Getting started in yoga wasn’t easy for me. My biggest obstacle was simply summoning up the courage to walk through the door. For years I shunned the yoga world in favor of a gym membership, only to traumatize my spine with a slipped disc after overexerting myself on a weight machine. One surgery later I was miraculously able to sit, stand, and walk again without any nerve pain. My medically-restored mobility, however, came at the expense of my flexibility.
My doctor prescribed for me a daily yoga and pilates regimen. While I was curious to try it, my fears descended upon me each time I arrived at the studio. I’d walk into a class and position myself strategically toward the back of the room. My goal was to avoid judgment from those who seemingly conquered any posture with ease, while I struggled simply to touch my toes. My silent need to compete with the advanced yogis who surrounded me blinded me to the stack of props that were available. Rather than utilize an accessory that would advance my practice and help me grow stronger, I got frustrated and made excuses not to return to the mat.
At some point I realized that no one cared about my practice besides the teacher and me. I was really only trying to fool myself. This was incredibly freeing, and I began to set small personal goals at the beginning of each pose. The next day I’d try to move deeper. When my hands couldn’t reach the ground in a standing forward fold, I resisted any creeping critical thoughts and nervous glances to the person next to me, and instead focused on what my available resources were. A block here and a towel there became the stepping stones I needed to ease into new dimensions. In her article, “Proper Props,” Leslie Peters suggests props can be used “…to guide the practitioner toward correct action and maximum intelligence” and, in this way, “…props can engage us in a process of observation, discernment, and reflection.” This has certainly been my experience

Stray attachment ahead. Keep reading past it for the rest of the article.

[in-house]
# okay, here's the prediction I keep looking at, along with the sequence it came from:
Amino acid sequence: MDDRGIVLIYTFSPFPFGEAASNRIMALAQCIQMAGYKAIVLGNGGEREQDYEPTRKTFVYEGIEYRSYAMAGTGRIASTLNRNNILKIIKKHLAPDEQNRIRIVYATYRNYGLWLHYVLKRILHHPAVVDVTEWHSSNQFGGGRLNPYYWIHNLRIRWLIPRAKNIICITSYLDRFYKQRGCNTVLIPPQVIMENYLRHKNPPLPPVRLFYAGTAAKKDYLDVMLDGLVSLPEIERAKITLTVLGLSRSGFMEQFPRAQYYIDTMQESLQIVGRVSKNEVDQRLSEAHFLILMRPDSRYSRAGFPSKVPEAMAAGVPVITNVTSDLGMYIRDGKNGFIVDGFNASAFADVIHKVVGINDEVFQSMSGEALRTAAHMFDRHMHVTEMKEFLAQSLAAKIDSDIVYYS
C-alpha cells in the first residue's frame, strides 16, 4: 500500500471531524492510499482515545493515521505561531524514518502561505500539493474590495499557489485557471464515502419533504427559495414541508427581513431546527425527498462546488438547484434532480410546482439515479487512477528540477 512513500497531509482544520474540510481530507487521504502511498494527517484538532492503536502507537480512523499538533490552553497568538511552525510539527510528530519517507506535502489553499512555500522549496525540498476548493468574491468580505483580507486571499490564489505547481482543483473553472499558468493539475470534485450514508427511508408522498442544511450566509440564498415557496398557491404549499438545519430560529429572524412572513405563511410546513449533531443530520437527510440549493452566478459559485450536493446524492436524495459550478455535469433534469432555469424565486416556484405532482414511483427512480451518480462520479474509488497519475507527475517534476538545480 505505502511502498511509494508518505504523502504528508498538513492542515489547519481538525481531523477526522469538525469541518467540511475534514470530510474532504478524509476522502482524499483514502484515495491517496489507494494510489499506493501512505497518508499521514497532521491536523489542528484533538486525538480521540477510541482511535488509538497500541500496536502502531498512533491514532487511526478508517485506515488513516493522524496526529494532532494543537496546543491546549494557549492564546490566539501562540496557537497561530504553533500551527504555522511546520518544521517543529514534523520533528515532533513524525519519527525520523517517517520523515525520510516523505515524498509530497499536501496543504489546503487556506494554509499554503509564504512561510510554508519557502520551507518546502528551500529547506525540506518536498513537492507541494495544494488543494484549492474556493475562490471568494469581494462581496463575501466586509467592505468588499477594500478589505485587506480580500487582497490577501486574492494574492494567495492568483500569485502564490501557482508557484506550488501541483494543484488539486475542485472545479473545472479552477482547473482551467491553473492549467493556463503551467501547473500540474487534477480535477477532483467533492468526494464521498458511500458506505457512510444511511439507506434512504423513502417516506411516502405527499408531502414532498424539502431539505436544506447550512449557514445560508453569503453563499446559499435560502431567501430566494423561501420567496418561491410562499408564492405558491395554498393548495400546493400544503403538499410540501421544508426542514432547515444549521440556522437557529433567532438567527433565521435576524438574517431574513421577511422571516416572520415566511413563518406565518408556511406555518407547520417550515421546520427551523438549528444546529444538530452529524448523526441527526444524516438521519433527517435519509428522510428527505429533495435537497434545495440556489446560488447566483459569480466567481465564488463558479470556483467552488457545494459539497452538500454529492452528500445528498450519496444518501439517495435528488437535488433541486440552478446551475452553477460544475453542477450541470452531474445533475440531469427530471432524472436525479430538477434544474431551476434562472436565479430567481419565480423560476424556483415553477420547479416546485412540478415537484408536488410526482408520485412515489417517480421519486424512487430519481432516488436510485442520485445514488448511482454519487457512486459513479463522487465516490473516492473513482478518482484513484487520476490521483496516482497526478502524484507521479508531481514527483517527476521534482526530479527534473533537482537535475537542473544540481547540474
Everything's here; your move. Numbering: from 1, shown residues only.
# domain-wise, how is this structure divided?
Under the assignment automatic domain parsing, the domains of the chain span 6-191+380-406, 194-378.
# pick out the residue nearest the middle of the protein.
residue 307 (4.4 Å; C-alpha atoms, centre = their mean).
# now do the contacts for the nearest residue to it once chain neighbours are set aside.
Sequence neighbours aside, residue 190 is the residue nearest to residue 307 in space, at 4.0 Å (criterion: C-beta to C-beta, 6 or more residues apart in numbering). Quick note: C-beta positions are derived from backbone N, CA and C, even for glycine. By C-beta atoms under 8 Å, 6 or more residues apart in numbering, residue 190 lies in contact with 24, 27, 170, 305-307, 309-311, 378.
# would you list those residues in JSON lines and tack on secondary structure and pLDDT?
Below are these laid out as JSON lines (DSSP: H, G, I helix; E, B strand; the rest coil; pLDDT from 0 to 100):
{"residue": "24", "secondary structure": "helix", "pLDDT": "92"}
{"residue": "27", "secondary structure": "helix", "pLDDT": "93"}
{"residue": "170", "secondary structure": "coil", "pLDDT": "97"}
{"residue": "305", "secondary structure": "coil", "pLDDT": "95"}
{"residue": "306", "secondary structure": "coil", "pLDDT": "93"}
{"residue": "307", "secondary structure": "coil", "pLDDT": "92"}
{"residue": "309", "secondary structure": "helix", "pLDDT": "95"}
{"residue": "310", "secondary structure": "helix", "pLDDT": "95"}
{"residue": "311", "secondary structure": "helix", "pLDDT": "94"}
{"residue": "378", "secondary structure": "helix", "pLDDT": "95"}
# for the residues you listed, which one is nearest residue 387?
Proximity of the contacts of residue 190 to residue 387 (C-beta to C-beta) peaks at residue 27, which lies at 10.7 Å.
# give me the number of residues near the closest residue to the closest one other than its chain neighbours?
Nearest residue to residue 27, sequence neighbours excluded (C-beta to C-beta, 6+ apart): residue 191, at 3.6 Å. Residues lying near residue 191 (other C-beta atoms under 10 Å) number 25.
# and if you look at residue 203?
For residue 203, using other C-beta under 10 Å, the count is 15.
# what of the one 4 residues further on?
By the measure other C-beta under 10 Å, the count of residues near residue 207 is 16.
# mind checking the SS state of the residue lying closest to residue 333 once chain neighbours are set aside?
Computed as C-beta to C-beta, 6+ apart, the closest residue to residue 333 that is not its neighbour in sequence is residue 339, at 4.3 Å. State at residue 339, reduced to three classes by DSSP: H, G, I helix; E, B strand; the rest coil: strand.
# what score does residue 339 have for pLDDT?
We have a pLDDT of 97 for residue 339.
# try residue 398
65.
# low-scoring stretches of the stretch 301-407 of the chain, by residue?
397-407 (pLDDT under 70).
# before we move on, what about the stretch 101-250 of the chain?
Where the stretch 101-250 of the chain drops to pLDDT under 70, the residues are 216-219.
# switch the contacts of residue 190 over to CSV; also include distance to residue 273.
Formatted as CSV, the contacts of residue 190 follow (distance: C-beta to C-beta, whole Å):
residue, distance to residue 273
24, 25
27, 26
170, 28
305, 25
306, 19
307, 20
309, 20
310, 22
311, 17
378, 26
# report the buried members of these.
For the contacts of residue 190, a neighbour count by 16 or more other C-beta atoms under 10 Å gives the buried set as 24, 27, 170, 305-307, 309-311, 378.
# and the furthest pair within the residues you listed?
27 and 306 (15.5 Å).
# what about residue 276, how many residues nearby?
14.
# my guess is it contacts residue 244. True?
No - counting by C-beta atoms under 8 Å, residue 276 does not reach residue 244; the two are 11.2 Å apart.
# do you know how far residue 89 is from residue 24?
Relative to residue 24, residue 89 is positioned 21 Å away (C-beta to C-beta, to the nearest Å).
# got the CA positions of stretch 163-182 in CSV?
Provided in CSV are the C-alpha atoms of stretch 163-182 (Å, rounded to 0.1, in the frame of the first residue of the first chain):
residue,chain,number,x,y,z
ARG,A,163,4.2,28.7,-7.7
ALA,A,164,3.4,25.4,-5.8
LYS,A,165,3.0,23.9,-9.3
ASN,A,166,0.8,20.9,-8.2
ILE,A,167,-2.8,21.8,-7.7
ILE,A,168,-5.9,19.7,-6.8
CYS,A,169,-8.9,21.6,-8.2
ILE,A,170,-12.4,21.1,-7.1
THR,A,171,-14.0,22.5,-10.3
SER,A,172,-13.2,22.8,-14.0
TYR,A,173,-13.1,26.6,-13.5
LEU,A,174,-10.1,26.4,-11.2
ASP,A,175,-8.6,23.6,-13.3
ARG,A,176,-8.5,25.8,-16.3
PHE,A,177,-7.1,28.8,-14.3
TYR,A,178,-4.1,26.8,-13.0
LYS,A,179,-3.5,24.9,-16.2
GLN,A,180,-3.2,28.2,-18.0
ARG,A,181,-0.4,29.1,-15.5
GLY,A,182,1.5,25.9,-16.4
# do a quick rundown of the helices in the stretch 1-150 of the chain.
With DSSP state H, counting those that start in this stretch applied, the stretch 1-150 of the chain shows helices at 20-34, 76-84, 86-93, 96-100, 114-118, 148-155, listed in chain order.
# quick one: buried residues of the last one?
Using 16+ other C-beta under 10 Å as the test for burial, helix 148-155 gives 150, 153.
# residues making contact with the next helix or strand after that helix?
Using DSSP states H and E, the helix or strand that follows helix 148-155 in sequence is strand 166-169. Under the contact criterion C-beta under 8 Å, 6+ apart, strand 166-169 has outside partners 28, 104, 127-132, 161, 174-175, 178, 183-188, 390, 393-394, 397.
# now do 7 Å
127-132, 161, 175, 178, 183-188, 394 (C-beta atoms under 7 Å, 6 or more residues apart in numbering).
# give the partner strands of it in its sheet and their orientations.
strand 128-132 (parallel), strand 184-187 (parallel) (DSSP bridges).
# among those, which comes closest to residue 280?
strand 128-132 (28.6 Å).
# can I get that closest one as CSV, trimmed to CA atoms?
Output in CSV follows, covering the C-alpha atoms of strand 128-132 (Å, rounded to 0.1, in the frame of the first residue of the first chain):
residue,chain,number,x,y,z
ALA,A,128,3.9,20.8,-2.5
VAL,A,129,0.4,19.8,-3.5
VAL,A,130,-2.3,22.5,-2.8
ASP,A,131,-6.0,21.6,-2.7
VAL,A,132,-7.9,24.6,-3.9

Rather than resisting props as an ego-buster for the yogically-challenged, I’ve embraced them as an ego-booster for they continue to help me grow. As Claudia Cummins puts it in her article, “To Prop or Not to Prop,” it’s just as important to be your own teacher, “[using] your body’s signals to devise new and effective ways of using props to enhance your practice.” My practice is better thanks to my use of props, and I am having more fun with them than without them.
These days I take each practice as it comes. Whether at home or in a class, I use yoga to center my thoughts with my physical presence and expand my experience from there. If an asana seems too difficult, I use a prop to help me move deeper into a pose. I would rather find comfort going only as far as I can than injure myself trying to keep up with a total stranger. A flexible body can help open the mind, but an open mind can do even more for the body. My body has amazed me with what it can do when it feels supported. The most dreaded part of my practice is now is having to walk out the door, not in.